In Japanese Obachan means “Aunt”, but it is often used to refer to an older woman. In most parts of Japan, the word is slightly derogatory because the image of an “obachan” is a boisterous, nosy, busybody. But, in Osaka many women wear the word with pride!
Osaka obachan are known for being much more outspoken and opinionated than many Japanese women are thought of being. They often perm their hair and color it light brown, or red. They often wear clothes with a tiger pattern, and they always carry hard candies (in Japanese “nodo-ame”), and are willing to share them with you. They are thought of being much more forward, and less willing to follow commonly expected standards of politeness. Having an Obachan cut in front of you while you are waiting in line to get on the train would not shock people. Finally, Obachan are loud. They talk freely on trains (a slight taboo in Japan) telling jokes and laughing. Obachan are famous for their sense of humor. They never tell any story unless there is a punchline.
Well, yes and no. Is any stereotype accurate? As an American, many people assume that I love guns, eat McDonalds all the time, and always help my wife with all the housework (in my case all but one of those are true, my wife was very disappointed to learn not all stereotypes are true). The same applies to the stereotype is also true of Osaka Obachan. There are many that the stereotype applies to, but equally as many as it doesn’t.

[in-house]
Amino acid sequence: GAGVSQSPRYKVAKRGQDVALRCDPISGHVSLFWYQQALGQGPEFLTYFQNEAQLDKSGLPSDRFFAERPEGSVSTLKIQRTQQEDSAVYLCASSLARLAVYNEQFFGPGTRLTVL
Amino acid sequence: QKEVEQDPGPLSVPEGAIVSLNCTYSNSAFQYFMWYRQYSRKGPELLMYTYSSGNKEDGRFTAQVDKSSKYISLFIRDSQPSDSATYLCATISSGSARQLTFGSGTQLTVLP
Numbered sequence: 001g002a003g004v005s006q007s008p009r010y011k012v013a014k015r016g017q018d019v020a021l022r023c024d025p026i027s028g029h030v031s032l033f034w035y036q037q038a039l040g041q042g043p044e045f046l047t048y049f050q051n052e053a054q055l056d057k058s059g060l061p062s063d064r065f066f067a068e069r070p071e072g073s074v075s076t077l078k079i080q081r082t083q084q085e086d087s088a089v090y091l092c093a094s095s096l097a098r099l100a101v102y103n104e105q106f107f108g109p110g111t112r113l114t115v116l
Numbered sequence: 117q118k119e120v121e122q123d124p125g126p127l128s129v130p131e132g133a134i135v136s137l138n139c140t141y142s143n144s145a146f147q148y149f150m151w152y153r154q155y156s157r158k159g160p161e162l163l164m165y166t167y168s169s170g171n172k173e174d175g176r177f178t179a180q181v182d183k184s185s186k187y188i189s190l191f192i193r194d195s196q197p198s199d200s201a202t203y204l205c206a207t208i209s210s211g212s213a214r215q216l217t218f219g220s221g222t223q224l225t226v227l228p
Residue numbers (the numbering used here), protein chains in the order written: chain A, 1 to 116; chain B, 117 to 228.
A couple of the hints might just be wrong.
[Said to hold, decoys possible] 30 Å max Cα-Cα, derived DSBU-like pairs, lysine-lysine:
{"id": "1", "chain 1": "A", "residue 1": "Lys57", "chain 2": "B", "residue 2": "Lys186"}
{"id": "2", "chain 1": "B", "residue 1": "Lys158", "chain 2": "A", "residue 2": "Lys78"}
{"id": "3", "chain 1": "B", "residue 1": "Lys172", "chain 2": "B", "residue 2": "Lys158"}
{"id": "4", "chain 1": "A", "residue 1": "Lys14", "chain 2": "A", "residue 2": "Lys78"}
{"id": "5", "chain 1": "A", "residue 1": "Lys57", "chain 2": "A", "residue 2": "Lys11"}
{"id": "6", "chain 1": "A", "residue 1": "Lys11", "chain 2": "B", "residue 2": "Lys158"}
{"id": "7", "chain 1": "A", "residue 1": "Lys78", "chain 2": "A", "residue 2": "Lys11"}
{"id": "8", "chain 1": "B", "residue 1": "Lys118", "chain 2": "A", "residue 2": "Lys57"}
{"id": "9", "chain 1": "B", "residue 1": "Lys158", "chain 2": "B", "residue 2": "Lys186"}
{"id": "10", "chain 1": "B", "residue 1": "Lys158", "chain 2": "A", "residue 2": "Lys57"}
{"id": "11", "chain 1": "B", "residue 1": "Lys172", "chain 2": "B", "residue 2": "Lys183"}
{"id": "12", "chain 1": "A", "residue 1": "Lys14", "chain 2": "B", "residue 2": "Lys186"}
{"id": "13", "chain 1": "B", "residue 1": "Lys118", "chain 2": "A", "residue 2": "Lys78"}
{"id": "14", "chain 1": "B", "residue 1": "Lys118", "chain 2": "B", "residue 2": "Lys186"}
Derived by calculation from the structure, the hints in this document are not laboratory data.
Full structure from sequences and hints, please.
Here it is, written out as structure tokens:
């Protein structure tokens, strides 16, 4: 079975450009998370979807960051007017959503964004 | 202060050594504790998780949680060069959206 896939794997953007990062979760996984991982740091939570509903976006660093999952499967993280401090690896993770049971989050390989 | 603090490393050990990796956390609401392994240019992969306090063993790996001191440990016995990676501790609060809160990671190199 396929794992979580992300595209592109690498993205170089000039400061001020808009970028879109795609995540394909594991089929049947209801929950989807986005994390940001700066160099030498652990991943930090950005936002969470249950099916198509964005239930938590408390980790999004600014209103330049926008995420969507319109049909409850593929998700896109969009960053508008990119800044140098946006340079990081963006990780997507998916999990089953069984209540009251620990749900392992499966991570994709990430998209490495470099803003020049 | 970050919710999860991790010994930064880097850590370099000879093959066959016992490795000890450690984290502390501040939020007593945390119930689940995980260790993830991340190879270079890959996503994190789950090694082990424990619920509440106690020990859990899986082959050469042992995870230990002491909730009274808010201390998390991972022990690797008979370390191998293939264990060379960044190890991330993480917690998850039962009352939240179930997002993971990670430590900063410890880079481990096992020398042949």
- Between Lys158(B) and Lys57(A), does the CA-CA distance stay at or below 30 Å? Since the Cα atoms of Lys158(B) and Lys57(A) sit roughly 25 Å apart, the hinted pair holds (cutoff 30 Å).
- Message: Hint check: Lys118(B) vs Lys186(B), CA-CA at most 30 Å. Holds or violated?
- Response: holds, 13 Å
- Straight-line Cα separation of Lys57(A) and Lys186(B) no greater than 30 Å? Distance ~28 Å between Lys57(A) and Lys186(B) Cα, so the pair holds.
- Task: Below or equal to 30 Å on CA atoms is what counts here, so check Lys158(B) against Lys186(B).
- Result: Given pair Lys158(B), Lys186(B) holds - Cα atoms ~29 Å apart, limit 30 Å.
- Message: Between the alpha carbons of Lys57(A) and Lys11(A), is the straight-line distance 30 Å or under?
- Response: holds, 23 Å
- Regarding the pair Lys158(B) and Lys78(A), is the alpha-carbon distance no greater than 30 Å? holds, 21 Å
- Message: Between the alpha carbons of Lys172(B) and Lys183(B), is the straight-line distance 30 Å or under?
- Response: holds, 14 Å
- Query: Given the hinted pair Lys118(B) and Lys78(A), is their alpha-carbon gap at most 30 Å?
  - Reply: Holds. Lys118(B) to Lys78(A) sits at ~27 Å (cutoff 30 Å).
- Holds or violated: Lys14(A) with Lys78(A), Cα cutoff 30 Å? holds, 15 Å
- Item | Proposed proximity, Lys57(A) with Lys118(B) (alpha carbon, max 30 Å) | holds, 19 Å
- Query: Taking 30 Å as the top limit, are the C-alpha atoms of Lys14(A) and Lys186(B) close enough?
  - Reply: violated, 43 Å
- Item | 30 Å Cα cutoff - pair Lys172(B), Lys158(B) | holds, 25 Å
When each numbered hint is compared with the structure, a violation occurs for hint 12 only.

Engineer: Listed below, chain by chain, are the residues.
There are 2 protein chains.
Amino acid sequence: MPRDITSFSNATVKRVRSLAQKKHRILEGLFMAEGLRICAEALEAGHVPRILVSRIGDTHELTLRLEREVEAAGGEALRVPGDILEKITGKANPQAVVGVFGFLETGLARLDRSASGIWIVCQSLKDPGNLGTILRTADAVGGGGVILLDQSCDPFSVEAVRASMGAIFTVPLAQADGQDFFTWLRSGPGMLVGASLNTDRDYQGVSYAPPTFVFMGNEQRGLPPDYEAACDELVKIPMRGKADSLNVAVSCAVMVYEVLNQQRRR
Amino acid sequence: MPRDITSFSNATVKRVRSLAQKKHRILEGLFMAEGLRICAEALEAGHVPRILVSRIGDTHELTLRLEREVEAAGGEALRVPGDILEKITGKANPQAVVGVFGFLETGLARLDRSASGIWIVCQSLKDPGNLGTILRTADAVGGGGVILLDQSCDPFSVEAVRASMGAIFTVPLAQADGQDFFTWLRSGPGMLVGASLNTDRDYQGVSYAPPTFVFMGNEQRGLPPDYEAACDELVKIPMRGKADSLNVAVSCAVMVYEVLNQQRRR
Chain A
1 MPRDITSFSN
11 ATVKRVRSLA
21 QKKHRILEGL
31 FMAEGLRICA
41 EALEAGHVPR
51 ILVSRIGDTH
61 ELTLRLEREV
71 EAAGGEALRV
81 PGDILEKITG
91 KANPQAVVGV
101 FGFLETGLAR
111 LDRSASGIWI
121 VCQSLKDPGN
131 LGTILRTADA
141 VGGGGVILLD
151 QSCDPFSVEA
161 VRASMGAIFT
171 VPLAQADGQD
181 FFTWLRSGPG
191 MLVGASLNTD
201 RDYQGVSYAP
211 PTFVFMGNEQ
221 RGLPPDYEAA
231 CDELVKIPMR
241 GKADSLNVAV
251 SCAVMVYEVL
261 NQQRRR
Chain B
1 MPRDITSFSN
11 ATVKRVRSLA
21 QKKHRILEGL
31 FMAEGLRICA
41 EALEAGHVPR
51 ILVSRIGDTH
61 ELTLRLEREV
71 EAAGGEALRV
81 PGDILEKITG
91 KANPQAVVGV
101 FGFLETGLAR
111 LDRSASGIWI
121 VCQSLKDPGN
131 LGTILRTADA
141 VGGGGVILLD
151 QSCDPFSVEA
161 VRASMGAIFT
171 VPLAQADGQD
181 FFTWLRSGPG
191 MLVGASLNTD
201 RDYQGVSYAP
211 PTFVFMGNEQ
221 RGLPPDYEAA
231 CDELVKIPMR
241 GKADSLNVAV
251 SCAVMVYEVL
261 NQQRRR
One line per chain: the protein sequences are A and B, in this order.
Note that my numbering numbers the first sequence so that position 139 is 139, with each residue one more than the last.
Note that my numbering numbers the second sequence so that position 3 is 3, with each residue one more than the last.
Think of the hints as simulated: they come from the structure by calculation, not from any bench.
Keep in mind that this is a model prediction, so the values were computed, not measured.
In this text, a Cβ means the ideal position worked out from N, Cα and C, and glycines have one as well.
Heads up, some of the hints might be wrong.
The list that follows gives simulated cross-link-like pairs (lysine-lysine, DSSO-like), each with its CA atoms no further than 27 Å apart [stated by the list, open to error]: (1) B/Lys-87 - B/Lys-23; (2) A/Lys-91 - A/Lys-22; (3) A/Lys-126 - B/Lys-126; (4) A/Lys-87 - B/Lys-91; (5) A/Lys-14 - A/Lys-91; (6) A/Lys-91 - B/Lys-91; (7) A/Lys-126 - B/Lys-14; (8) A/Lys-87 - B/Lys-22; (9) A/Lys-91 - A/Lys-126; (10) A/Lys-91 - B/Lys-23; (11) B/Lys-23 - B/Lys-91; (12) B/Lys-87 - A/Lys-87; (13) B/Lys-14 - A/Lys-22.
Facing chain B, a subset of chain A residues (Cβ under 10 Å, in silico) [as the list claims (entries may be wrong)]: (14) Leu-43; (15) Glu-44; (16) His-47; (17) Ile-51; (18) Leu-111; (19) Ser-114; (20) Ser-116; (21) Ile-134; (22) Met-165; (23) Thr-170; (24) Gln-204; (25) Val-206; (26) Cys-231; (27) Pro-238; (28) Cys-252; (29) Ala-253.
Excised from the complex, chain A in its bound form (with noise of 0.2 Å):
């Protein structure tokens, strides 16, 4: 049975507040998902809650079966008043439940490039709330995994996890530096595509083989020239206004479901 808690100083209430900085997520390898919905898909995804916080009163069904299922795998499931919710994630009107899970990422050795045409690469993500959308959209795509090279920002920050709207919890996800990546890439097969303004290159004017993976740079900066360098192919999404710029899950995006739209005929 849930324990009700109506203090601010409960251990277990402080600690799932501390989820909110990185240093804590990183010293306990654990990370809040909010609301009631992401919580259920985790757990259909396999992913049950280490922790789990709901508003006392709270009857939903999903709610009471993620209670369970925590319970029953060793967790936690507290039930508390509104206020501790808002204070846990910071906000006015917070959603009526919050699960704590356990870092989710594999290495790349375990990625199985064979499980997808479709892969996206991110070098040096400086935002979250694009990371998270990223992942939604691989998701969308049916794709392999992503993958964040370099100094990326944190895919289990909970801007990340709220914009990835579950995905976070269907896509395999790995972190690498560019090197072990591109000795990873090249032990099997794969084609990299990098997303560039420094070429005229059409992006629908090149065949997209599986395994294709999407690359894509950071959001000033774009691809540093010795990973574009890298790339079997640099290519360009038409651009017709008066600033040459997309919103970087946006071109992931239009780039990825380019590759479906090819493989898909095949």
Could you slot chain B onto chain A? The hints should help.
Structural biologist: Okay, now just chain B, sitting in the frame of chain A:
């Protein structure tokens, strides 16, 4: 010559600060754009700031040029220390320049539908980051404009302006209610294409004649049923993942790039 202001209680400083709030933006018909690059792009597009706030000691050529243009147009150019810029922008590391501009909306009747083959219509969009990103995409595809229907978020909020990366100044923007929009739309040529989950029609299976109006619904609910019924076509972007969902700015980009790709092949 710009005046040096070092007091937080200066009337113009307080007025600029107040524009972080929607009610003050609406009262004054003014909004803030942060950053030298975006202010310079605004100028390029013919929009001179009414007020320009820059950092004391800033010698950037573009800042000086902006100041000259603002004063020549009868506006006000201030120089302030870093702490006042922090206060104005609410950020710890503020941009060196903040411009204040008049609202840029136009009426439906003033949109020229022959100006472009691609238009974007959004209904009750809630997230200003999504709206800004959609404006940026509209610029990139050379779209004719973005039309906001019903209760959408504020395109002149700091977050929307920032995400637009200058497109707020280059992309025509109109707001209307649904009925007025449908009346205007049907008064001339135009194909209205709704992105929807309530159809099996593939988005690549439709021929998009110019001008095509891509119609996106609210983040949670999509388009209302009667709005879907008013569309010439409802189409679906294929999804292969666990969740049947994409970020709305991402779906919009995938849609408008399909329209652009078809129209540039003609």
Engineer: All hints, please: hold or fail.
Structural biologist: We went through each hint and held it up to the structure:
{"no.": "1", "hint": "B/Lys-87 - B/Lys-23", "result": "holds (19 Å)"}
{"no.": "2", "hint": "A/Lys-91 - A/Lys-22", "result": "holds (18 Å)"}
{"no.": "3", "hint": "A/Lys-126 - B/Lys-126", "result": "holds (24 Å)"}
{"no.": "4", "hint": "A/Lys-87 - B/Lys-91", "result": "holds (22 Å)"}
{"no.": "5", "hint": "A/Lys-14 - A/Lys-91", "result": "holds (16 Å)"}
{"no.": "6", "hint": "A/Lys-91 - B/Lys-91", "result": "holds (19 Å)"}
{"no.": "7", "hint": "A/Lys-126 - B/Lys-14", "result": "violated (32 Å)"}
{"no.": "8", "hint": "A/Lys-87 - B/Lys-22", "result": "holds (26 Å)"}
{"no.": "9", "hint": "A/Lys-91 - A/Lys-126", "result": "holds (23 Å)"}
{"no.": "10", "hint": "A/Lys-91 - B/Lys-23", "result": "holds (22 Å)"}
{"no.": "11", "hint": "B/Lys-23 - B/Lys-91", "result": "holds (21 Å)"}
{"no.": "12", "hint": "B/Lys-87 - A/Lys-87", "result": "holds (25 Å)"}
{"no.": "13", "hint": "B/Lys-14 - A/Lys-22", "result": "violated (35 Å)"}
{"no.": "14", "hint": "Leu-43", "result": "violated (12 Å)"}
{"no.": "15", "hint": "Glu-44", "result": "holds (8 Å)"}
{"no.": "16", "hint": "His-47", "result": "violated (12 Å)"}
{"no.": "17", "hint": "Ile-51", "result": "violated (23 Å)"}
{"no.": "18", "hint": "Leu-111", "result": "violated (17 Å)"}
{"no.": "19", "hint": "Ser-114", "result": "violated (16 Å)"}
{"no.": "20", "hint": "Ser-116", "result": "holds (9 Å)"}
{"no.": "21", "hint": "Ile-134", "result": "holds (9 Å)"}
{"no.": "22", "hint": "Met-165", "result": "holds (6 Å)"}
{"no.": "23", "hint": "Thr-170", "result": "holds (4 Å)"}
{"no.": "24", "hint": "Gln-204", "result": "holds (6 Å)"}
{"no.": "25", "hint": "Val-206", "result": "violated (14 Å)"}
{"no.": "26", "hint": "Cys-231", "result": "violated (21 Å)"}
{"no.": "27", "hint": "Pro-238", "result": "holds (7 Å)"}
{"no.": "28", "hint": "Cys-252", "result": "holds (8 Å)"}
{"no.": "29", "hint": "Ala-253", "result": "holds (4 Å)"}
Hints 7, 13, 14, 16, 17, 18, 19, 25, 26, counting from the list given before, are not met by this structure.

But recently, a group of Osaka Obachan have started a new political party, the All Japan Obachan Party. Thier goal is to close the serious gender gap that still exists in Japan, and are outlined as follows:
1. No more lives of children wasted in war
2. Tax reform asking the wealthy to pay their fair share
3. Recovery from natural disasters
4. No more nuclear waste
5. Strengthen the community to better raise children and help seniors
6. Protect workers and their rights
7. Minority opinions should be taken seriously
8. The opinion of obachans should be reflected in politics
Osaka Obachan are some of the funniest, nicest, most lovely ladies I have ever had the pleasure of meeting. I think that they should continue to feel proud of the word, and should say with pride, “I’m an Obachan!”